Predicting affective responses to exercise using resting EEG frontal asymmetry: Does intensity matter?

Eric E. Hall, Panteleimon Ekkekakis, Steven J. Petruzzello

Research output: Contribution to journalArticlepeer-review


Affective responses to exercise may be important for improving adherence to regular programs of exercise. The present study sought to determine whether resting frontal EEG asymmetry, an individual difference measure of affective style, is predictive of affective responses to exercise performed at distinct intensities standardized relative to a metabolic landmark (i.e., the ventilatory threshold, VT). Resting EEG was collected from 30 participants and used to predict affective responses following treadmill running at three exercise intensities: below-VT, at-VT, and above-VT. Affect was assessed [via Activation-Deactivation Adjective Check List, yielding measures of Energetic Arousal (EA) and Tense Arousal (TA)] before, immediately following exercise, after 5 min cool down, and 10 and 20 min post-cool down. Resting mid-frontal asymmetry (F4-F3) significantly predicted EA immediately following below-VT exercise; resting lateral frontal asymmetry (F8-F7) predicted EA at 20 min post-cool down. Resting mid-frontal asymmetry predicted in EA immediately following and following cool down in above-VT exercise. As a whole, frontal asymmetry was predictive of affective responses following exercise, namely greater relative left frontal activity predicting lower EA. This was opposite to the predictions of the valenced motivation model, but may provide some support for the motivation direction model. This is based on the fact that low EA could be indicative of approach motivation, especially at higher exercise intensities.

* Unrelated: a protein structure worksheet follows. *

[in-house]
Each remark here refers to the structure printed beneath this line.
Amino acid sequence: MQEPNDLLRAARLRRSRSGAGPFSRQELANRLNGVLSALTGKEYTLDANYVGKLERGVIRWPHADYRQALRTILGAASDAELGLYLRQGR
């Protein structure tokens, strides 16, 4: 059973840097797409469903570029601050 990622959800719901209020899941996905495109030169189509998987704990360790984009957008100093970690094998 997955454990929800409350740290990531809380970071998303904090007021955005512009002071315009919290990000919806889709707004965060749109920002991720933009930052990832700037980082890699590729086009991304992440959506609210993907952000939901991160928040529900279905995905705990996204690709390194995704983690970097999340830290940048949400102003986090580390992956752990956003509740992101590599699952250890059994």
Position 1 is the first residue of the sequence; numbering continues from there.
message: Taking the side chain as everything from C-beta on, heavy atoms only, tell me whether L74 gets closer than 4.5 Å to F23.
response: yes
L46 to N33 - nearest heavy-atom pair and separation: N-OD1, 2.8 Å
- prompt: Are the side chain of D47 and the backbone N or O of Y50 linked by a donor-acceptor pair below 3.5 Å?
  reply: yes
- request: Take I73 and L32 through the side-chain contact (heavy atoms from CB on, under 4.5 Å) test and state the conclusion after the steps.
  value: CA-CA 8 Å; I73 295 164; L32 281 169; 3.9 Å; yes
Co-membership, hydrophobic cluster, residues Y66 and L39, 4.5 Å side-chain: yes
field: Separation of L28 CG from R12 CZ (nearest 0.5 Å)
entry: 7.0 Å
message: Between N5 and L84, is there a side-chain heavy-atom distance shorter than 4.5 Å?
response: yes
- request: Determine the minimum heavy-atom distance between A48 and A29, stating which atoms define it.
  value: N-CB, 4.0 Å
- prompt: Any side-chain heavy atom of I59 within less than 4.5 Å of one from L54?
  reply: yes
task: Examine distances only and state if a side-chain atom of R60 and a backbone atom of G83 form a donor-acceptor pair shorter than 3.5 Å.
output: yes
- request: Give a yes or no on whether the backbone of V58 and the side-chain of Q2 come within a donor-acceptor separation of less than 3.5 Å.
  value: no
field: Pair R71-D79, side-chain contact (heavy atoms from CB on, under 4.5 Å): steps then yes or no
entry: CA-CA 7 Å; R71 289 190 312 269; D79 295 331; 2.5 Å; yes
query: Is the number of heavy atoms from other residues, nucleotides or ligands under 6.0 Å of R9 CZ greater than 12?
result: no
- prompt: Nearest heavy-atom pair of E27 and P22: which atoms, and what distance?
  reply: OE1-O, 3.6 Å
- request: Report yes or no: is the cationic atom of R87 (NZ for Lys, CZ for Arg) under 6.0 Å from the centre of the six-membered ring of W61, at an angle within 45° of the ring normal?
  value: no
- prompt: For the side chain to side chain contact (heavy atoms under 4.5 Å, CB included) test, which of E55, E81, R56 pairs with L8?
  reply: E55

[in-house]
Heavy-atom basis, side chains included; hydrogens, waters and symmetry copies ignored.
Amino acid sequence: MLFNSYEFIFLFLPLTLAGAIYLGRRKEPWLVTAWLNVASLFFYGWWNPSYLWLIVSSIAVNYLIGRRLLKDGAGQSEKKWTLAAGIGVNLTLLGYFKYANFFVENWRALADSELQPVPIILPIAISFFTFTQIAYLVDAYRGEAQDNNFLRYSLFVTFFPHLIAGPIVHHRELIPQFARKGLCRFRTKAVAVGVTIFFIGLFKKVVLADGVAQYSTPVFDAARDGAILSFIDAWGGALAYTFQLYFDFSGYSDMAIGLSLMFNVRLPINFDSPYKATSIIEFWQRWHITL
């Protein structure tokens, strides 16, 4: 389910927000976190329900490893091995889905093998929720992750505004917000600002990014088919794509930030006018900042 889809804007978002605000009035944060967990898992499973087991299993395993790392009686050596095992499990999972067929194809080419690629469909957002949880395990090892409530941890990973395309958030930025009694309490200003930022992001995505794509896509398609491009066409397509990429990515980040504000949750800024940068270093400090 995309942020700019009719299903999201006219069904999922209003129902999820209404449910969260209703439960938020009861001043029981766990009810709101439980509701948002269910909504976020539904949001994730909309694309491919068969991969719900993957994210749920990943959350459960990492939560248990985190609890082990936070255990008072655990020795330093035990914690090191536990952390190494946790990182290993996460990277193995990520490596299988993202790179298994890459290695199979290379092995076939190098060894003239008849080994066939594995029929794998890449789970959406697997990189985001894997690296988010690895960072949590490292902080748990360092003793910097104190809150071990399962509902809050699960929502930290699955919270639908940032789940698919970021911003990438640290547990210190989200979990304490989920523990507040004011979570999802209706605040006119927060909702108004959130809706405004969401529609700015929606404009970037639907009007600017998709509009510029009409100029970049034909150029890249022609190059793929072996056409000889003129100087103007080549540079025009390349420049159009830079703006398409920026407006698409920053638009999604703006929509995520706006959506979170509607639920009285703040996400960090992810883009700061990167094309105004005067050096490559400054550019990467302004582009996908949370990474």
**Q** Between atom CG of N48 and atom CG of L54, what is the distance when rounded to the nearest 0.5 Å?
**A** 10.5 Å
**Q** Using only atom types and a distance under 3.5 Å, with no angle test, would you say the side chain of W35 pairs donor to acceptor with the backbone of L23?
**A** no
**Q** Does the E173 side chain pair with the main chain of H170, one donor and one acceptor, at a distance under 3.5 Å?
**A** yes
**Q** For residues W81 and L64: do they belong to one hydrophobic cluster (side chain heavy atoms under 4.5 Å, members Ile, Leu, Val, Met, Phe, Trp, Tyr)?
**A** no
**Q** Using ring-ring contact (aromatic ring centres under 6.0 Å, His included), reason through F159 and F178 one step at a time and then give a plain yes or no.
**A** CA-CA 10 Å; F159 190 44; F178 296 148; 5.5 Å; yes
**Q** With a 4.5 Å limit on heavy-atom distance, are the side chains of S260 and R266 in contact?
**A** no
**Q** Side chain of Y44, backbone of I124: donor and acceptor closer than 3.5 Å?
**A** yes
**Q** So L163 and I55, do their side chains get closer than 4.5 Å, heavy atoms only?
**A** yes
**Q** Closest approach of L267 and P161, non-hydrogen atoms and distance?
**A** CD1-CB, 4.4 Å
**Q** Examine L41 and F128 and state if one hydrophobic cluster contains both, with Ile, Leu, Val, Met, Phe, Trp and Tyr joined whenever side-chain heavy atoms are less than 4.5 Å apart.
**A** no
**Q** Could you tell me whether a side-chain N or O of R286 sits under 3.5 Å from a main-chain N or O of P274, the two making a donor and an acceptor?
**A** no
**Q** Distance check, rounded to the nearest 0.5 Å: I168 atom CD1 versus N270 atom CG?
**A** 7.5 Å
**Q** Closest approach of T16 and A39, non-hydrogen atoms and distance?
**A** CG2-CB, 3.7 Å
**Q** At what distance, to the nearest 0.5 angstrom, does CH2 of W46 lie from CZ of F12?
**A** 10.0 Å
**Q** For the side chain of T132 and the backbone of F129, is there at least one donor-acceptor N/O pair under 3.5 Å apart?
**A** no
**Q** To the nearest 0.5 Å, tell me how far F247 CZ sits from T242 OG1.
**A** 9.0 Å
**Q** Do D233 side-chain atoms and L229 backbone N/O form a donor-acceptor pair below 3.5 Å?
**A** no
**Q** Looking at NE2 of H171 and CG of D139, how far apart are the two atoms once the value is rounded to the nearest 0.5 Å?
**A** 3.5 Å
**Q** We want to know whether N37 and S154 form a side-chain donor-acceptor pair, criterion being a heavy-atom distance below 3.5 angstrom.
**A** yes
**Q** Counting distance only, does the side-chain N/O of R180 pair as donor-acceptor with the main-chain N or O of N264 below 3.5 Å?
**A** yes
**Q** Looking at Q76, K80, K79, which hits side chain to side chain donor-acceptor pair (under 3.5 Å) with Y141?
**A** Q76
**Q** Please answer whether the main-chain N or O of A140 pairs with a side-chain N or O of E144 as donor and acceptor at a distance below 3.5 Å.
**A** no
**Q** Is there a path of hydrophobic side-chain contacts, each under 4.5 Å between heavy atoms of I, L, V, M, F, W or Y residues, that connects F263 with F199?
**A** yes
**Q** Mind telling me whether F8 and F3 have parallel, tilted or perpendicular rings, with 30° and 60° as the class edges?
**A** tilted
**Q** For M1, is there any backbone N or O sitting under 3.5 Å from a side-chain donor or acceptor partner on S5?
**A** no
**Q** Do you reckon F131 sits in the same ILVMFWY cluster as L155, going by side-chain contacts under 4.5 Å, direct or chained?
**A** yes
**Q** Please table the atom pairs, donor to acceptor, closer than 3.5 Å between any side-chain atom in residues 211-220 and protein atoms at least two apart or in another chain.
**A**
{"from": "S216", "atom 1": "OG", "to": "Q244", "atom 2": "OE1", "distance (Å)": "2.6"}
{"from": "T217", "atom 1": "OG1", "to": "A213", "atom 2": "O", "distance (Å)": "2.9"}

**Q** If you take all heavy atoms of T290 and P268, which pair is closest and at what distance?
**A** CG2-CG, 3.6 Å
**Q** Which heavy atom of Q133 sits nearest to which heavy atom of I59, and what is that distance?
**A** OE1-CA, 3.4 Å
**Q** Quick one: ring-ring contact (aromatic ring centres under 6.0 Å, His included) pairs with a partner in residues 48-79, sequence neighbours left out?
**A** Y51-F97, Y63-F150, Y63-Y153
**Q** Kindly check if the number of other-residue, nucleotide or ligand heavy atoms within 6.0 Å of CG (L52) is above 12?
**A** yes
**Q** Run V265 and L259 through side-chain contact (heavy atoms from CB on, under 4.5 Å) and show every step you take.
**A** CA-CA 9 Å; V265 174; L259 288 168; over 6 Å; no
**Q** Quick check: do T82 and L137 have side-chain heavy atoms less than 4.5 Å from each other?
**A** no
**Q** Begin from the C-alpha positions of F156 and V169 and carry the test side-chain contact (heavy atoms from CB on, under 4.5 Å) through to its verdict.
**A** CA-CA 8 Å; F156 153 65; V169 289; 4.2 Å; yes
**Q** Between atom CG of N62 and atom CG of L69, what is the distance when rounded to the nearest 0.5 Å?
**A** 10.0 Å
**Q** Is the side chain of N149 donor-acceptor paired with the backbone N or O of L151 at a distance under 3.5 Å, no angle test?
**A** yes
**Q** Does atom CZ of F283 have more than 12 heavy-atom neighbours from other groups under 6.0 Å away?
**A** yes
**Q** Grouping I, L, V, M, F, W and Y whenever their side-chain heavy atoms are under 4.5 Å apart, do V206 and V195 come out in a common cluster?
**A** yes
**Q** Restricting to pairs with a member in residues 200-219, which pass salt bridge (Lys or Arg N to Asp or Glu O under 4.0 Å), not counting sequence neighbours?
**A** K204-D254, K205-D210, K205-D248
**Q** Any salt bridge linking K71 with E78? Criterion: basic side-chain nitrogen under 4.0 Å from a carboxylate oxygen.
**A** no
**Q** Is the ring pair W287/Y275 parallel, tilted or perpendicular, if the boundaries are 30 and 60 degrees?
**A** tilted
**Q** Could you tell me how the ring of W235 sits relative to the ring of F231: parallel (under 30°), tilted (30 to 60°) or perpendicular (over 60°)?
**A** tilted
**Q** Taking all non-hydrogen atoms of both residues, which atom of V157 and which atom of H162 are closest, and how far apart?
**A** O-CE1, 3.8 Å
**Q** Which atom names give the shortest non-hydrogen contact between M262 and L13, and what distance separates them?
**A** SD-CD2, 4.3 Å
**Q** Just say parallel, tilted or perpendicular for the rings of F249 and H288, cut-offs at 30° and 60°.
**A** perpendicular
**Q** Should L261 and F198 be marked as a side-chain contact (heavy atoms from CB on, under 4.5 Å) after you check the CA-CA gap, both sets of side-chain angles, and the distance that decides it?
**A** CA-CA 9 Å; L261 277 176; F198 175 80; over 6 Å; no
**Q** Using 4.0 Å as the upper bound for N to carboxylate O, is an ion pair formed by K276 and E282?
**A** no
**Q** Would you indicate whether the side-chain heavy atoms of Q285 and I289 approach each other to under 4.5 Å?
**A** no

Original languageEnglish (US)
Pages (from-to)201-206
Number of pages6
JournalBiological Psychology
Issue number3
StatePublished - Mar 2010


  • Affect
  • EEG
  • Exercise
  • Frontal asymmetry
  • Ventilatory threshold

ASJC Scopus subject areas

  • General Neuroscience
  • Neuropsychology and Physiological Psychology


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